Housing markets never have met the lowest-income households' needs. Now is the time to tackle problems that have been years in the making by creating a better system to supply their housing.
The problems with housing systems in Australia and similar countries run deep. Solutions depend on a fundamental rethink of our approach to housing and its central place in our lives and the economy.
The thing about new housing is you need land to build it on. Developers are able to control its release at a rate that doesn't put downward pressure on prices.
Short-term letting via digital platforms benefits some in the market at the expense of others. Closer regulation might be needed in Melbourne and Sydney, where a permissive approach prevails.
Shared equity models have a dual benefit of making home ownership affordable for people on modest incomes and freeing up scarce social housing for other households in need.
A national survey shows councils know much of the housing in their local areas isn't affordable. But providing affordable housing is not a priority because they see it as being beyond their means.
A survey shows 70% of South Africans feel immigrants pose a threat to the country.
Property prices have soared in the past decade, but much more modest increases in rent, with the exception of Sydney, suggest less of an imbalance of supply and demand for housing as a place to live.
Migrants have similar home ownership rates to the overall population and rely less on public housing. But housing supply shortfalls and higher prices have reduced ownership among recent migrants.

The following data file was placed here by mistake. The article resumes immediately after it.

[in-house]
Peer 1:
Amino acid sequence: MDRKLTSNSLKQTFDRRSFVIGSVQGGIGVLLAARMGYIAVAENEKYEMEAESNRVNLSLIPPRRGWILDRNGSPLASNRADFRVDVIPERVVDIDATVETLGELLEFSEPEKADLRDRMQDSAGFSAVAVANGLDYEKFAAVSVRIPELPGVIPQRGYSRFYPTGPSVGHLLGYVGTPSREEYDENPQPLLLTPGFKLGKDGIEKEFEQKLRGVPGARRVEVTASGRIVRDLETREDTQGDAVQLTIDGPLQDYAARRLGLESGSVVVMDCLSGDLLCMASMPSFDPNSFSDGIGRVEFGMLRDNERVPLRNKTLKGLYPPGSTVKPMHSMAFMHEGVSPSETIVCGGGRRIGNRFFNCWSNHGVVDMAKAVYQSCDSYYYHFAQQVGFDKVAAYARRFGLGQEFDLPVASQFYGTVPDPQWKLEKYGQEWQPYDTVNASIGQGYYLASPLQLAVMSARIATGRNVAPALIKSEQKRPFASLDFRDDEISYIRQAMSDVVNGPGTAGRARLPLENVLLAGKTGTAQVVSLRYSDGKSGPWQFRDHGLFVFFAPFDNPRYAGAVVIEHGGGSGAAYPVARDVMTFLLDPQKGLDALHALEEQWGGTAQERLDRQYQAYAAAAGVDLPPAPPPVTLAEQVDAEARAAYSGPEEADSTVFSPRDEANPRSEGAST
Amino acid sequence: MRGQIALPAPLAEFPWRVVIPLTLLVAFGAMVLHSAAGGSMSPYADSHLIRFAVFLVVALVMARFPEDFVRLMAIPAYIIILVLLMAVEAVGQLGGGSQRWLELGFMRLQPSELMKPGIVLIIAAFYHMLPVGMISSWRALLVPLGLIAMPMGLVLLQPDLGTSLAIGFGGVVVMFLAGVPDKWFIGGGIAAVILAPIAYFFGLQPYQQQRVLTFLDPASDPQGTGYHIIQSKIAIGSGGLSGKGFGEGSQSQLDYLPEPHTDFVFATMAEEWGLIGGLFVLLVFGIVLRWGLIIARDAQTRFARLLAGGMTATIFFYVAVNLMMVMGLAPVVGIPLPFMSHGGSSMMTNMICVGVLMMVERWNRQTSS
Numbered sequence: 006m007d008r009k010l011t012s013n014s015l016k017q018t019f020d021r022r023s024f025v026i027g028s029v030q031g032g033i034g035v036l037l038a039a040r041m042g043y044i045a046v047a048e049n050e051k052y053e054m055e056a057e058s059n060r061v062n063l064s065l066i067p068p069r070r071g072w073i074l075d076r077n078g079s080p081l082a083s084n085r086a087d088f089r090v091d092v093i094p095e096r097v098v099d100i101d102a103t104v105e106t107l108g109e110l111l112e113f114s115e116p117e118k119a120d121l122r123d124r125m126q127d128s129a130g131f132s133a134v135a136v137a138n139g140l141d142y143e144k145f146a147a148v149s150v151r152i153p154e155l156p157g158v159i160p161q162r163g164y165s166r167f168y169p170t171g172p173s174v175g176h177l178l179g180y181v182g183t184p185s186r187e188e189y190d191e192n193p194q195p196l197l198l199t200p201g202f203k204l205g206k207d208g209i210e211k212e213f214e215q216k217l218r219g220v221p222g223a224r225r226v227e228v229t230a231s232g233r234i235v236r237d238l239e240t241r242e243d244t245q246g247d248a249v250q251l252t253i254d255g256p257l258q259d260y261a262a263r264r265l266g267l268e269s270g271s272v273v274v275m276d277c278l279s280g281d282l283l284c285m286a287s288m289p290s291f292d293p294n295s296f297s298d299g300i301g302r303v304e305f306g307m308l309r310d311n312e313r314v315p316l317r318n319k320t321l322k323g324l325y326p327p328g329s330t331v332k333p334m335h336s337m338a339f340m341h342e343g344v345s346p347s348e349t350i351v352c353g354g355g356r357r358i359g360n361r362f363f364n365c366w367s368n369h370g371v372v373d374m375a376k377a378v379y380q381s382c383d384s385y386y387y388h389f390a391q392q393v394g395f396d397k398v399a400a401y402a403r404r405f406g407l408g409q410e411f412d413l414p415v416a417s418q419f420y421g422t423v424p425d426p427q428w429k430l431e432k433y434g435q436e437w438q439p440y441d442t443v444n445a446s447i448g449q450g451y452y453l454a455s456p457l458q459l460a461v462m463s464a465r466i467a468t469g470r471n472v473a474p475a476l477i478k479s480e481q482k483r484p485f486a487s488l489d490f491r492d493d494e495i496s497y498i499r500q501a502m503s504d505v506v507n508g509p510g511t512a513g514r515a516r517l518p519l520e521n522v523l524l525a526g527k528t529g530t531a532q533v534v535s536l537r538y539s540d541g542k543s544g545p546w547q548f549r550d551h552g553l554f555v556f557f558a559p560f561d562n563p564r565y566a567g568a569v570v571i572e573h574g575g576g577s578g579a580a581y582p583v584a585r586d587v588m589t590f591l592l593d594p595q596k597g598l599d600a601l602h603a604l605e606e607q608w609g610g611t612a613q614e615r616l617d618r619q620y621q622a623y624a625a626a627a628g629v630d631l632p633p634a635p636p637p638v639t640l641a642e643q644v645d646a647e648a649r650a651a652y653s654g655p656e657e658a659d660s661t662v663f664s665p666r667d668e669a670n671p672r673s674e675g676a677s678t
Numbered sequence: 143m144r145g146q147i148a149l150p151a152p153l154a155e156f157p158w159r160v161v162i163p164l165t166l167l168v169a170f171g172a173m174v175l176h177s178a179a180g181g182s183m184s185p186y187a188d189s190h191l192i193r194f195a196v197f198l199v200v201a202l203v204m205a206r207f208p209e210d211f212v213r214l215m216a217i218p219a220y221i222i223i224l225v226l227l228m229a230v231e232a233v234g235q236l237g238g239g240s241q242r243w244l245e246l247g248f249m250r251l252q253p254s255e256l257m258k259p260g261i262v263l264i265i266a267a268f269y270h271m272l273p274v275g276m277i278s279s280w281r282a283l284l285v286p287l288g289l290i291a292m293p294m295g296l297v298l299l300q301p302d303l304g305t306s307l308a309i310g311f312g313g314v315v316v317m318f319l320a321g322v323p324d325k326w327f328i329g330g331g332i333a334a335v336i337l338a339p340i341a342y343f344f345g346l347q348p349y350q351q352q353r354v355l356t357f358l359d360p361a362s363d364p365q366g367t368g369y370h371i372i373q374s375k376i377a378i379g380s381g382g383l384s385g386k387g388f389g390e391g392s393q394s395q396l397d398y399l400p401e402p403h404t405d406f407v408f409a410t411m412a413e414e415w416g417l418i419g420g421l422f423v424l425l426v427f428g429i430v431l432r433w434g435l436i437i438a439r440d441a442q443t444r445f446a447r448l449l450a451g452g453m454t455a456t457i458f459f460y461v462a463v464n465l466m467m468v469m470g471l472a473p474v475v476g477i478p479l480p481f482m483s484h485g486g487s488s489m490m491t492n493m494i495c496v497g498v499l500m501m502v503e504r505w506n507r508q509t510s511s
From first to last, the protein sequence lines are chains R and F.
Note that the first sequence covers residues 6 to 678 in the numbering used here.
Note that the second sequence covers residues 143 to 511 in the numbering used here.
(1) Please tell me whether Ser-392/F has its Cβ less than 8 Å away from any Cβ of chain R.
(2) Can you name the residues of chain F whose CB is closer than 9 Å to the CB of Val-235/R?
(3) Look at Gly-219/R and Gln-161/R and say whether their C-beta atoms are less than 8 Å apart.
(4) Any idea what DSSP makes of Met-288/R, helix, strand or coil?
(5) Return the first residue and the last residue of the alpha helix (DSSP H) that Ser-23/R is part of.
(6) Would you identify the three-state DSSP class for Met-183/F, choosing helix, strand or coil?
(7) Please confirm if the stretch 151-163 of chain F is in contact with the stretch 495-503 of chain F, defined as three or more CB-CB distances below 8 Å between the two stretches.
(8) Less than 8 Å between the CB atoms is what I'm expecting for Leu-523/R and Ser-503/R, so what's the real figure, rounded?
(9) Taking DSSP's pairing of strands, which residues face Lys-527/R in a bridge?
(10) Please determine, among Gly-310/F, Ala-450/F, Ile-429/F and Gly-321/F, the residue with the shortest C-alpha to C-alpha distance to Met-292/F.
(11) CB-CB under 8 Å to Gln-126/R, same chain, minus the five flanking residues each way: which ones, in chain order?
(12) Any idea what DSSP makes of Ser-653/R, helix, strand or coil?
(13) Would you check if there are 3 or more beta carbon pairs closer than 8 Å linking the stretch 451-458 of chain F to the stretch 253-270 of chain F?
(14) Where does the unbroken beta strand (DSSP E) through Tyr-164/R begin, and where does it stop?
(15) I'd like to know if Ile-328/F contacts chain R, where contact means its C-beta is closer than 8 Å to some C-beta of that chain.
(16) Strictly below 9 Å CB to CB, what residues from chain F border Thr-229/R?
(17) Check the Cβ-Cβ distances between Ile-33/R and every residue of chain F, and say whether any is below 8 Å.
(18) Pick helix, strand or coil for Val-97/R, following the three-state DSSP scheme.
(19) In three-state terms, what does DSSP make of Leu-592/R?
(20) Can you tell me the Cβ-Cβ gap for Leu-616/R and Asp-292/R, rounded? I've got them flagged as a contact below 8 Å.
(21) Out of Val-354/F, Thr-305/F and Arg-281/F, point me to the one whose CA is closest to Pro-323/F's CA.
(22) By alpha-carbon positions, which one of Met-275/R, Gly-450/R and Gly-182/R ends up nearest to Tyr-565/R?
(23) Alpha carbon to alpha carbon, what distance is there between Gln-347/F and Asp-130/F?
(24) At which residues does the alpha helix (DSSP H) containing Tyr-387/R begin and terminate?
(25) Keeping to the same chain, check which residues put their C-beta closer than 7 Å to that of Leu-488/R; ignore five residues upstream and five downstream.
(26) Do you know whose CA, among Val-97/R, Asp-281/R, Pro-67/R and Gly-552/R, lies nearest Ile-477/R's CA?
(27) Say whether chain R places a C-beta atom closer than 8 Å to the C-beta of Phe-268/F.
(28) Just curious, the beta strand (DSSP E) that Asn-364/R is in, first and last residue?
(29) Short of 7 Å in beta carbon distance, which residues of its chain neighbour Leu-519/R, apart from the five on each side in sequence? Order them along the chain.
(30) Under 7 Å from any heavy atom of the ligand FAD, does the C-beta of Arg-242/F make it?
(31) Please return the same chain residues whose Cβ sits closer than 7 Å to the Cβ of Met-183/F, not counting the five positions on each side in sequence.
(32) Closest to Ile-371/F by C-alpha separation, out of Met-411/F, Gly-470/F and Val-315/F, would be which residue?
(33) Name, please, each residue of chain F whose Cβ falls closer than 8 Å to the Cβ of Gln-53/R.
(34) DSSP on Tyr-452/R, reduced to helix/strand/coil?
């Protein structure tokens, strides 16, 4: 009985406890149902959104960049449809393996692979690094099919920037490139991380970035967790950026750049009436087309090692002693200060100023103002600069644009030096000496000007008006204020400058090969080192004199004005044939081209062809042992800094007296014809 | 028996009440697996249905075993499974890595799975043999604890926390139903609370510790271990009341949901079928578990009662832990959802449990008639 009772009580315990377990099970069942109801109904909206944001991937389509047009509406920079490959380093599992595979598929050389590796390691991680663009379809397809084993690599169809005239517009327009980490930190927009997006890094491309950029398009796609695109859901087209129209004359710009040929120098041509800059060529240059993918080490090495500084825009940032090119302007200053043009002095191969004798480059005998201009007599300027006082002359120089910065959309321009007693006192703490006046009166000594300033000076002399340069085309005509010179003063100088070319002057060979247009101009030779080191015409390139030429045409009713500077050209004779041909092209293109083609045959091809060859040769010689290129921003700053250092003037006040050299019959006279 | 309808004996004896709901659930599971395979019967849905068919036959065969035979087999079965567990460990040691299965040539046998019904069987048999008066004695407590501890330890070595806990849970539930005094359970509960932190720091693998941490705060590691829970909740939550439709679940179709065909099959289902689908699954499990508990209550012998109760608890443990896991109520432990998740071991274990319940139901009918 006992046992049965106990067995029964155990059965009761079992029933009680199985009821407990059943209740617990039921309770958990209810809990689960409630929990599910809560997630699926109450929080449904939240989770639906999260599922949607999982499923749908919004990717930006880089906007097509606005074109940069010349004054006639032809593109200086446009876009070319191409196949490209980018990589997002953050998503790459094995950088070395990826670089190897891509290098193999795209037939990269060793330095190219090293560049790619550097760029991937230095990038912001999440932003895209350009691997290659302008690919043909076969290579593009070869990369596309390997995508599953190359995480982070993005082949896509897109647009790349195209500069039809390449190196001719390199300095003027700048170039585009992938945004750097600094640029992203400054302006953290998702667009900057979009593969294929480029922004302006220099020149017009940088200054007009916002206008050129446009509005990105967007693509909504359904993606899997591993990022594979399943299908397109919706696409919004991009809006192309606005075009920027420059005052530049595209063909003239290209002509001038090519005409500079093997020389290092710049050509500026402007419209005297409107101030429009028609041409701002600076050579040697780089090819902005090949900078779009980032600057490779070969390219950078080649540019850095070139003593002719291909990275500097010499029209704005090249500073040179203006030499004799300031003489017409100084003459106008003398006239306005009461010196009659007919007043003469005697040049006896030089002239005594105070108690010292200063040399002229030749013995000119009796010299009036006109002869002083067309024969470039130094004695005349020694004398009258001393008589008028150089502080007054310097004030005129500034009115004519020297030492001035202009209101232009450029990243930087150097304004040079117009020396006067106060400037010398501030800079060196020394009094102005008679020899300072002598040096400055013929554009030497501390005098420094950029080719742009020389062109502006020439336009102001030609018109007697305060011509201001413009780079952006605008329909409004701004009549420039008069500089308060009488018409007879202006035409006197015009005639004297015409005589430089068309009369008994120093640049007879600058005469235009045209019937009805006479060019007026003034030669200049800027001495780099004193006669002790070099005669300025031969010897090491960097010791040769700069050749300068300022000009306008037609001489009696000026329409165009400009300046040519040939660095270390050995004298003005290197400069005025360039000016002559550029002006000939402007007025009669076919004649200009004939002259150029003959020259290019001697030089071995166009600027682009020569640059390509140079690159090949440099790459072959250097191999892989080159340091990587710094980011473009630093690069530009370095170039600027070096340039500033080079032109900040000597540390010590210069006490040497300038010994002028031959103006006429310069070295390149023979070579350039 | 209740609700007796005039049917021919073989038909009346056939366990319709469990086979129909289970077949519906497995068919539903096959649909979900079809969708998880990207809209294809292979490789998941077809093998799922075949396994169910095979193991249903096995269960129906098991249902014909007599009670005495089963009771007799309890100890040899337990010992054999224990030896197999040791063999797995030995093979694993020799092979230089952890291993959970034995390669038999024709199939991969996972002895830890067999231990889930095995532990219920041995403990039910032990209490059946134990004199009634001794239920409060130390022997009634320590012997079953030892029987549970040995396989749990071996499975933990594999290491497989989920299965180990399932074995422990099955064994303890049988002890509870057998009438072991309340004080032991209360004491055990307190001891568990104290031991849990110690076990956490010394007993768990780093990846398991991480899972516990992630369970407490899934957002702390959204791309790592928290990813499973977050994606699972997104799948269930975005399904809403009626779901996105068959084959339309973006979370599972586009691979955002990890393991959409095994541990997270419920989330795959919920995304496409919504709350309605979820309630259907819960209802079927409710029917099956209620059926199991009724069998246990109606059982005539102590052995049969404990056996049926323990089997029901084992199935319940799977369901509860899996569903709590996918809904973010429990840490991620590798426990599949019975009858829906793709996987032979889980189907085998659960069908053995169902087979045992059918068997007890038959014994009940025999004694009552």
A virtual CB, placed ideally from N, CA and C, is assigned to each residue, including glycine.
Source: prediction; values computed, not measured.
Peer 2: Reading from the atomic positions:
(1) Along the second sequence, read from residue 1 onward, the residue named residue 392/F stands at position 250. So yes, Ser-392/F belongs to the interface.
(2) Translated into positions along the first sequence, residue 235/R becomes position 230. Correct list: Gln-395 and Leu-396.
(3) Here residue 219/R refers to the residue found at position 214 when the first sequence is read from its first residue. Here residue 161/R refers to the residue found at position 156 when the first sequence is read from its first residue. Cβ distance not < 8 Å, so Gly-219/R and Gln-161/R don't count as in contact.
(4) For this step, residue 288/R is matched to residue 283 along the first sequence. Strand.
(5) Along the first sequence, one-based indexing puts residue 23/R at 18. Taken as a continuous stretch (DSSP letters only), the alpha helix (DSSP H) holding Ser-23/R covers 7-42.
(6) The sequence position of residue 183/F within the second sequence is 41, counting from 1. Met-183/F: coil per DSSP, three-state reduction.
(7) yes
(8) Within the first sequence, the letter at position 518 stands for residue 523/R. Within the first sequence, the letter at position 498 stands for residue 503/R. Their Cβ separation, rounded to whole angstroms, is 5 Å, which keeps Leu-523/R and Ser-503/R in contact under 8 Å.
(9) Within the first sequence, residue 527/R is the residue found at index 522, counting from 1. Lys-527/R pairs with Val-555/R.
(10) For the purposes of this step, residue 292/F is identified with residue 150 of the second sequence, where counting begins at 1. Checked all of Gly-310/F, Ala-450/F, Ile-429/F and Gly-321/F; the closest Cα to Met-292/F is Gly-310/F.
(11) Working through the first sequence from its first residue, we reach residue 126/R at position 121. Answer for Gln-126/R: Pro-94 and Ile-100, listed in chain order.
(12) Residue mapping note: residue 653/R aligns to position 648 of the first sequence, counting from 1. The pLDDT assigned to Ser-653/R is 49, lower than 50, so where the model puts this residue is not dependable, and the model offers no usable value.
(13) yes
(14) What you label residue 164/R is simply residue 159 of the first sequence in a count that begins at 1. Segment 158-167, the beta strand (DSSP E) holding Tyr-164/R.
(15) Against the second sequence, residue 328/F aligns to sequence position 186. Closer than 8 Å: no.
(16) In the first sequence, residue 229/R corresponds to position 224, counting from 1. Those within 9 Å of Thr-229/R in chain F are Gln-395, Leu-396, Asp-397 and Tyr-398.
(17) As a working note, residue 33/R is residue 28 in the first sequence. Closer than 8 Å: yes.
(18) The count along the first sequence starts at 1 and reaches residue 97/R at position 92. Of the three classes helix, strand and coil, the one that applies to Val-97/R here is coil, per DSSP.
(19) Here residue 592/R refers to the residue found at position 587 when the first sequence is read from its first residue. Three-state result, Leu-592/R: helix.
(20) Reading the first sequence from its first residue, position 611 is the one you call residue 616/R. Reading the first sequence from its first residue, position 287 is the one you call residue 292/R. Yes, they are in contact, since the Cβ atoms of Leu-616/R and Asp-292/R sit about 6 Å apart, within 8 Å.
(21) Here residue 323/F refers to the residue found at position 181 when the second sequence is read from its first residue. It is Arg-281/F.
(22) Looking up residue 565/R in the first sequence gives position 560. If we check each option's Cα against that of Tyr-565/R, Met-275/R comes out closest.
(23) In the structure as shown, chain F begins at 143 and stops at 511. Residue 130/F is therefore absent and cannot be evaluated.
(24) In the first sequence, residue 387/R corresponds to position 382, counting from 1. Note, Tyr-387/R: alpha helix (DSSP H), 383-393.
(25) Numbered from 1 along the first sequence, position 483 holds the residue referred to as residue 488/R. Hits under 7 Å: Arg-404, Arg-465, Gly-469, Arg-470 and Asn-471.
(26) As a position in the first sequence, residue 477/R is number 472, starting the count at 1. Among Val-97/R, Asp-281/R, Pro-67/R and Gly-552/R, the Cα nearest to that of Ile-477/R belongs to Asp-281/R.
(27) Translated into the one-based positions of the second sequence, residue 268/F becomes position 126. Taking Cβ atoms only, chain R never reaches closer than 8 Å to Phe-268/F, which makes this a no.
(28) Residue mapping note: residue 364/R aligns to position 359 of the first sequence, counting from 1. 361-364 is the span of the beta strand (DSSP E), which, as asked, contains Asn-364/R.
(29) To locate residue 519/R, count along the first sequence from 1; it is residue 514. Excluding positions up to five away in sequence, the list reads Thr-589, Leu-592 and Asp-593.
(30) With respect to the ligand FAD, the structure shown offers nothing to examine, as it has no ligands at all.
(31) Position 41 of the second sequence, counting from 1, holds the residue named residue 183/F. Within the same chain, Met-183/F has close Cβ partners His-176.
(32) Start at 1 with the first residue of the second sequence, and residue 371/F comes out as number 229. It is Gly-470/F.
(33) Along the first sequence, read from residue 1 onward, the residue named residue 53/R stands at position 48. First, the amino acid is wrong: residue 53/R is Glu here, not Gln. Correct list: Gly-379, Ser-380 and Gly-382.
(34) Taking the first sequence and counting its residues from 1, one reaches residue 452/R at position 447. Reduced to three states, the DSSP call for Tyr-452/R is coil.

It's said Australia's housing affordability problem is the result of new housing stock not keeping pace with population growth. But there is actually enough housing, so why can't the poor afford it?
The clichés about housing supply and regulatory restraints are distractions from the need to focus on expanding the affordable housing sector to directly meet the needs of low-income households.
New modelling shows negative gearing and capital gains taxes can be reformed in a way that doesn't impact poorer investors.
Australian governments are faced with a choice: make the difficult decisions to fix planning systems so more houses can be built, or tap the brakes on Australia's migrant intake.
Yet again the evidence shows supply is no cure-all for affordable housing. All levels of government in Australia need to concentrate on housing for low-income renters in particular.
The states that are delivering more affordable housing have sophisticated, multi-pronged strategies to serve the full range of needs.
Unaffordable housing and homelessness are burning issues. Policymaking has suffered from a critical lack of data and expert input since the National Housing Supply Council was axed in 2013.
One in seven Australian households is in a state of housing need. A shortfall in social housing supply means some are locked out of the market and others pay much more for rent than they can afford.
Only 18% of Sydneysiders think foreign investors should be able to buy property. They simply don't accept arguments that this investment improves housing affordability by increasing supply.
The bond aggregator by itself cannot create a housing development pipeline. It needs co-investment from government to make it feasible.
People are taking on larger future risks and costs just so they can buy a house. Increases in new home owners are seen as a positive development, but what if they can't afford the ongoing costs?